This sounds silly but always carry your towel.
Babies will spit-up, puke, drool, snot, and all kinds of other things. Having something to wipe it off is extremely useful.
You can also use the nursing blanket as a fort, to swaddle, and many other things.
“Time is an illusion. Lunchtime doubly so.”
A forty five minute TV show can take an hour and a half to watch. Getting ready to leave is an exercise in planning and strategy that is far beyond what you expect.
Always give yourself a lot of extra time.
“There is an art, it says, or rather, a knack to flying. The knack lies in learning how to throw yourself at the ground and miss.”
The combination of no survival instinct, curiosity, and lack of motor control means children are always trying to fly. They wriggle a lot… A LOT!
Inevitably the baby will try and fly but still hit the ground. In those cases if you are worried, go to the hospital. However if you’re not too worried, watch for weirder behaviour and make sure their pupils are both the same size. If they cry, it’s a good thing. A lack of crying from a fall is not a good thing.
“For a moment, nothing happened. Then, after a second or so, nothing continued to happen.”
Everyone will tell you that raising kids goes quickly and that you need to cherish it. They’re right, but as you’re experiencing it, it can seem tediously slow.
Certain activities seem impossibly slow. Teaching what the word No means, teaching survival, and teaching them to sleep are all activities can that take FOREVER.
“He was staring at the instruments with the air of one who is trying to convert Fahrenheit to Centigrade in his head while his house is burning down.”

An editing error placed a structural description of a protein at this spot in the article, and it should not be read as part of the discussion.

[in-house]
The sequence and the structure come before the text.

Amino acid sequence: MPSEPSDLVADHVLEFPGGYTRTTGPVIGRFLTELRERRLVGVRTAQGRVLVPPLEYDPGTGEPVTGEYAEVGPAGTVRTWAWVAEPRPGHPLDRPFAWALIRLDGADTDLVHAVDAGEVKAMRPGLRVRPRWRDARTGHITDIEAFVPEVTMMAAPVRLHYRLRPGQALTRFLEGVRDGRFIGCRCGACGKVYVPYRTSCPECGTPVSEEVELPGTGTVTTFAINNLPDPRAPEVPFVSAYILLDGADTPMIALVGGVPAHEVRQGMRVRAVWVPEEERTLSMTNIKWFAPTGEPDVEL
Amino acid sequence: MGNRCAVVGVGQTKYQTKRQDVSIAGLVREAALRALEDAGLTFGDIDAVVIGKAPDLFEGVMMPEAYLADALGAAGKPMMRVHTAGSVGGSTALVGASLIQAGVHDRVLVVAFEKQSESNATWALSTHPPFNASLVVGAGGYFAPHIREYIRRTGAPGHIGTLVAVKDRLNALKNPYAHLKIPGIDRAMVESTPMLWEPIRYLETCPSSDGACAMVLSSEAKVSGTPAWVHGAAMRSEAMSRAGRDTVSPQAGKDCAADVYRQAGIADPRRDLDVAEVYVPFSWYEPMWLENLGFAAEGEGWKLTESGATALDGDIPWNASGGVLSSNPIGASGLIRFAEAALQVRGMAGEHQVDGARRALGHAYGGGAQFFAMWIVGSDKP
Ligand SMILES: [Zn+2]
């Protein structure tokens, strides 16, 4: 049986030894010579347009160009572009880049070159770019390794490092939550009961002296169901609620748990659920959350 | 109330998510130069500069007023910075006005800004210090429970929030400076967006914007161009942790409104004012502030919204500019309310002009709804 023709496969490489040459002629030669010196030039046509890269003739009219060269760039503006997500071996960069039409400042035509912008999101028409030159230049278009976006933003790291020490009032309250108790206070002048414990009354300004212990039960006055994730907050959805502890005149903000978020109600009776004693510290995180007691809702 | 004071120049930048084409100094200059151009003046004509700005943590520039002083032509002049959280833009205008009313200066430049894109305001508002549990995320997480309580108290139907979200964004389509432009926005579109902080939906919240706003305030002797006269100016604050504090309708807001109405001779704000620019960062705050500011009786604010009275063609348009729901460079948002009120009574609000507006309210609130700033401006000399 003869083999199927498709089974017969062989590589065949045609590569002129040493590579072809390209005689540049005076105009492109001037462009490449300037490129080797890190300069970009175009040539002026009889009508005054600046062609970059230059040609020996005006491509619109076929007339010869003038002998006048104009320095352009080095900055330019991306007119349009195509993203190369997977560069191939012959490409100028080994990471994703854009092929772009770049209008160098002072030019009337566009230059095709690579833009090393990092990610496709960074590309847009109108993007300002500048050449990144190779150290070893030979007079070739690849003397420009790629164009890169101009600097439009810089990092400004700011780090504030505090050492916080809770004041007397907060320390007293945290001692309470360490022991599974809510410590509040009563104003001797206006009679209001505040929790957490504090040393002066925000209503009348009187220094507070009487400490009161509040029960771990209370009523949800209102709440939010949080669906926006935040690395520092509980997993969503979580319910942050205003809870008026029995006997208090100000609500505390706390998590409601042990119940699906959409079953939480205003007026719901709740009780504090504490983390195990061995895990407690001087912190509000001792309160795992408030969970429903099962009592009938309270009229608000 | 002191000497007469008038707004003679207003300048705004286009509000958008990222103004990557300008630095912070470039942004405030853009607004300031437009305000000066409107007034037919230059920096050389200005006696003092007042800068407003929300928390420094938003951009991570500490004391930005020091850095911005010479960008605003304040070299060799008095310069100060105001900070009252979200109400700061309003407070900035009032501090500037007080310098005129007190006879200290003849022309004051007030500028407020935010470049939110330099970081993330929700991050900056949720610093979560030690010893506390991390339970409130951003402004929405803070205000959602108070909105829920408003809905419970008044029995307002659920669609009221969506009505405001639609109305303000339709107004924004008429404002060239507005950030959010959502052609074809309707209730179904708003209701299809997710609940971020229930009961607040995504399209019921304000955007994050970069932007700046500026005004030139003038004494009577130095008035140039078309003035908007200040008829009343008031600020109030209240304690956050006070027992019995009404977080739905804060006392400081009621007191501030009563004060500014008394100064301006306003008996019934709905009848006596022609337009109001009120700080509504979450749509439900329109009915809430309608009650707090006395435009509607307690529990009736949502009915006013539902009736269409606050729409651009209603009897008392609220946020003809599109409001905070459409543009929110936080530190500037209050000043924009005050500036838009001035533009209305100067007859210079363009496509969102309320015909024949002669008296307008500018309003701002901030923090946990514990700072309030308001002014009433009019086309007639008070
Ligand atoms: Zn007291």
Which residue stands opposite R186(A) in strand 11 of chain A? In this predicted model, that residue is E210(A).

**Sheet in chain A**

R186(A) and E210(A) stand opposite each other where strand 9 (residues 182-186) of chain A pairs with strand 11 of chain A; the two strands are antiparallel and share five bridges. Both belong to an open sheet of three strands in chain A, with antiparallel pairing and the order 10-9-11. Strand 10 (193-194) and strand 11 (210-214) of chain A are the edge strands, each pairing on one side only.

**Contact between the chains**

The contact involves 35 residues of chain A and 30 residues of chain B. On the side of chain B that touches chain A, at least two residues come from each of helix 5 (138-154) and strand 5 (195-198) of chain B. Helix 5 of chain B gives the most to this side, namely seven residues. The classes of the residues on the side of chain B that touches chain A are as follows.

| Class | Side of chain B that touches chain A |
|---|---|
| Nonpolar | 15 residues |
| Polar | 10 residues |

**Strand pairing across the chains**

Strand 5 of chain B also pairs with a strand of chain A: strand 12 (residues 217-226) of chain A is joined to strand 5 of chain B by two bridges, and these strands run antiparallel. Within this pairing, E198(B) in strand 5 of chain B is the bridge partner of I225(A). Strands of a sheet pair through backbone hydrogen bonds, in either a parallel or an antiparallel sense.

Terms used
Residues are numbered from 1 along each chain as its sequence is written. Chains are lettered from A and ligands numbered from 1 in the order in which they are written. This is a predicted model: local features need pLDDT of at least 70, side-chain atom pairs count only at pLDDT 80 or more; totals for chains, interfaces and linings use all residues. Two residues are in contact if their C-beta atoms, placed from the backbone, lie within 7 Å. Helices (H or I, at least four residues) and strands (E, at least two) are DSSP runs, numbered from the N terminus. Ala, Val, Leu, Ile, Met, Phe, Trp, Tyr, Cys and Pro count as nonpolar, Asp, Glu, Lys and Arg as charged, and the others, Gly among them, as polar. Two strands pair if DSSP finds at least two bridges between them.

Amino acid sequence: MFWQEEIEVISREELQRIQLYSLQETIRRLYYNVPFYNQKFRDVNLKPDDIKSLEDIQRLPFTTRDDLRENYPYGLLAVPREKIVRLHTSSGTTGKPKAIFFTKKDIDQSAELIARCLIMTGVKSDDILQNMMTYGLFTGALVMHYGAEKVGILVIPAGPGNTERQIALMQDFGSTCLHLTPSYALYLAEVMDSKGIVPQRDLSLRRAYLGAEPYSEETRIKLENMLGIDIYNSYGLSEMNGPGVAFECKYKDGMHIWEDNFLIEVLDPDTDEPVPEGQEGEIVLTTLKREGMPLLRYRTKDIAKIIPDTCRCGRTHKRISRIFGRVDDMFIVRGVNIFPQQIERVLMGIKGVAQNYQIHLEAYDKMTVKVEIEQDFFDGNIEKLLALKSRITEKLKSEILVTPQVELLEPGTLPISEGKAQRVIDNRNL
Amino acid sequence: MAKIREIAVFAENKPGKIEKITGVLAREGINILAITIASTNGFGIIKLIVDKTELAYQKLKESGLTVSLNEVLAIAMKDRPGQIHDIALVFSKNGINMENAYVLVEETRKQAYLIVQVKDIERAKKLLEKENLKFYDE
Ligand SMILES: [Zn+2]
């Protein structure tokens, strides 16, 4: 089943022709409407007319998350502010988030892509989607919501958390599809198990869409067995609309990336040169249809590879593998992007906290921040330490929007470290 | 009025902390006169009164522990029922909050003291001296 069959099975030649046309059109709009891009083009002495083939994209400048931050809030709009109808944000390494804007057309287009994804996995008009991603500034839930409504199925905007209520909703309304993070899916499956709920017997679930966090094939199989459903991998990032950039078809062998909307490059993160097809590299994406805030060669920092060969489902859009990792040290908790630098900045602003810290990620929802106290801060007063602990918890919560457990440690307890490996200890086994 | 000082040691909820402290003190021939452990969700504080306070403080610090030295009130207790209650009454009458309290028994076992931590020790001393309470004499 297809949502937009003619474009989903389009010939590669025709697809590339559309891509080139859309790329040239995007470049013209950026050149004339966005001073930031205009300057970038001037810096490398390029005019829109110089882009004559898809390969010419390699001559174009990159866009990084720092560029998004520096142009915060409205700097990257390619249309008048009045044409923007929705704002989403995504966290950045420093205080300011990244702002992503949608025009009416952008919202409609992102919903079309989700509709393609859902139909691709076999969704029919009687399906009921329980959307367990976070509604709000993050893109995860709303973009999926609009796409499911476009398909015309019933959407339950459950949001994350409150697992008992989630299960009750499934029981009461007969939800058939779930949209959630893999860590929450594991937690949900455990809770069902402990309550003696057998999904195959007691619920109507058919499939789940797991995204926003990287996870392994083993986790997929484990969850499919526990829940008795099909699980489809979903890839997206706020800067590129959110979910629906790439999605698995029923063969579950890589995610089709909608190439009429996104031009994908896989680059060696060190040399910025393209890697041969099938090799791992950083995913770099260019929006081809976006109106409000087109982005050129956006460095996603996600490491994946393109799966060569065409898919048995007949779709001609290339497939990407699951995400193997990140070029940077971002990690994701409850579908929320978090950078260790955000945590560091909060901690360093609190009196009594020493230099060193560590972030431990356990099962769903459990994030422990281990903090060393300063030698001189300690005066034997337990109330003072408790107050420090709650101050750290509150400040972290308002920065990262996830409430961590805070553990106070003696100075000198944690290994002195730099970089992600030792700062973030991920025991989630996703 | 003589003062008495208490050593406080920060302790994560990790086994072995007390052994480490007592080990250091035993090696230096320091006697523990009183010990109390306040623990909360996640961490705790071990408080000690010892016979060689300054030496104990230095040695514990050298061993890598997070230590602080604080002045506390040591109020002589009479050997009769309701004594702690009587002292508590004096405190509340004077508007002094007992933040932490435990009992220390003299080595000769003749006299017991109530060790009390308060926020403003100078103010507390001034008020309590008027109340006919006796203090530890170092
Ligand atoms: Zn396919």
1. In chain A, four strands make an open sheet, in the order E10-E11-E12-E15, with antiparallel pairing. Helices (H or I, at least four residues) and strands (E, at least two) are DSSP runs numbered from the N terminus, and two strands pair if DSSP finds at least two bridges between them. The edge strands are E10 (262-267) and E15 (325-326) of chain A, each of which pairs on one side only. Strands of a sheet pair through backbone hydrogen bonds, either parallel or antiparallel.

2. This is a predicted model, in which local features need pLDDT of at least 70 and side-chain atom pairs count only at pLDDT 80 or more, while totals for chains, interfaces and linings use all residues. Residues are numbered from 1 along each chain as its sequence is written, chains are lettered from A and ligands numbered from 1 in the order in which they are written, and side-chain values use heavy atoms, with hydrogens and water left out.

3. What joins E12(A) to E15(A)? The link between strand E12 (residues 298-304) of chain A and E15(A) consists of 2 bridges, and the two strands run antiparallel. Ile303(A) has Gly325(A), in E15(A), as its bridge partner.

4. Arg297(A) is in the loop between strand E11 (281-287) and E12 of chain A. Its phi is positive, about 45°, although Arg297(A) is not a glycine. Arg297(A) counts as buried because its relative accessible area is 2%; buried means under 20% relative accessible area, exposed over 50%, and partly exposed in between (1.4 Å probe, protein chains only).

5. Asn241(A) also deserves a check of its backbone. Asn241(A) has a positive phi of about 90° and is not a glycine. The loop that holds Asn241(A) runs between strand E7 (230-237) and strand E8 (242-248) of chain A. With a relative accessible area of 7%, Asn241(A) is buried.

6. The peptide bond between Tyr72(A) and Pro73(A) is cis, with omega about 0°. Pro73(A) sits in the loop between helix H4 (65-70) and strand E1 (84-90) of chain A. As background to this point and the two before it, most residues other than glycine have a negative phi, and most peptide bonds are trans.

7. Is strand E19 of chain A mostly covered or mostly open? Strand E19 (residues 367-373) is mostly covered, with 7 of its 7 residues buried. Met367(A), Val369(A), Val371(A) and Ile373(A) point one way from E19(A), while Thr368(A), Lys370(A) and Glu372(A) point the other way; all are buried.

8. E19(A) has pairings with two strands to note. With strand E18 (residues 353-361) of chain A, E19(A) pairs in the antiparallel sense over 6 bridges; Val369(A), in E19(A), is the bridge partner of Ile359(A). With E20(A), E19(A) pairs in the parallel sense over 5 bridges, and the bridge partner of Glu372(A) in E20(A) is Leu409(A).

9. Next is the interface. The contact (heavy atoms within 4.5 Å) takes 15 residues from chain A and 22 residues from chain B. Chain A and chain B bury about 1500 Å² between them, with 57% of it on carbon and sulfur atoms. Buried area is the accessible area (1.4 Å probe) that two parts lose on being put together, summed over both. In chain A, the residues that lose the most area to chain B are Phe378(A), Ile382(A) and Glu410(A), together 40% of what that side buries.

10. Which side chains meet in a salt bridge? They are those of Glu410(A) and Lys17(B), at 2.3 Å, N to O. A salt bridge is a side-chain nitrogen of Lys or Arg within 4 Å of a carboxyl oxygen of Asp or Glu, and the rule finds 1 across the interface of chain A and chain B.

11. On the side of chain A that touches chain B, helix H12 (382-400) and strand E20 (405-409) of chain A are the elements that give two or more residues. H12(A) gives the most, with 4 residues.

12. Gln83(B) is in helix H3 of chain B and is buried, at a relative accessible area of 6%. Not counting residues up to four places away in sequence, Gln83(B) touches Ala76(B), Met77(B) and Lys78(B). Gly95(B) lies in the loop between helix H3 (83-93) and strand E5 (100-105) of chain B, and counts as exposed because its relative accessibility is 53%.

Babies are weird weird creatures. They will do the strangest things and every parent will recognize the look of bafflement and confusion that comes with parenting.
My daughter will always try and hide behind someone and eventually pull their hair.
“This must be Thursday,” said Arthur to himself, sinking low over his beer. “I never could get the hang of Thursdays.”
As mentioned, children are weird, they have no survival instinct, and they spew multiple different bodily fluids.
Even with help and lots of information, raising children is as baffling as it is entertaining. Don’t worry though, no one really knows what they’re doing.
“There is a theory which states that if ever anyone discovers exactly what the Universe is for and why it is here, it will instantly disappear and be replaced by something even more bizarre and inexplicable. There is another theory which states that this has already happened.”
You’ve found out how to get your child to stop biting the furniture. Congratulations! Get ready, for everything will change. It will.
Babies are growing and developing so fast that by the time that your ancient brain has caught up, the baby has already moved on.
“I’d far rather be happy than right any day.”
Spend ten minutes searching online or asking strangers about anything to do with babies and you’ll realize that there’s opposing opinions on absolutely everything.
Not only are there lots of opinions, but people will angrily defend their position and judge you.
Do what you think is best and what your child’s doctor recommends. Otherwise, you will spend all your time and energy panicking.
Once you accept that whatever you do is wrong, you’ll be much happier.
“Mostly Harmless” / “Don’t Panic”
There are two things that you should always remember about parenting:
First, babies are not being mean on purpose. They have no idea what they are doing. Be patient, it’s your job to teach them.
Finally, try not to panic. Parenting is stressful, hard, wonderful, and highly entertaining, but try not to burn yourself out with worry.
Goodbye and thanks for all the fish (or comments),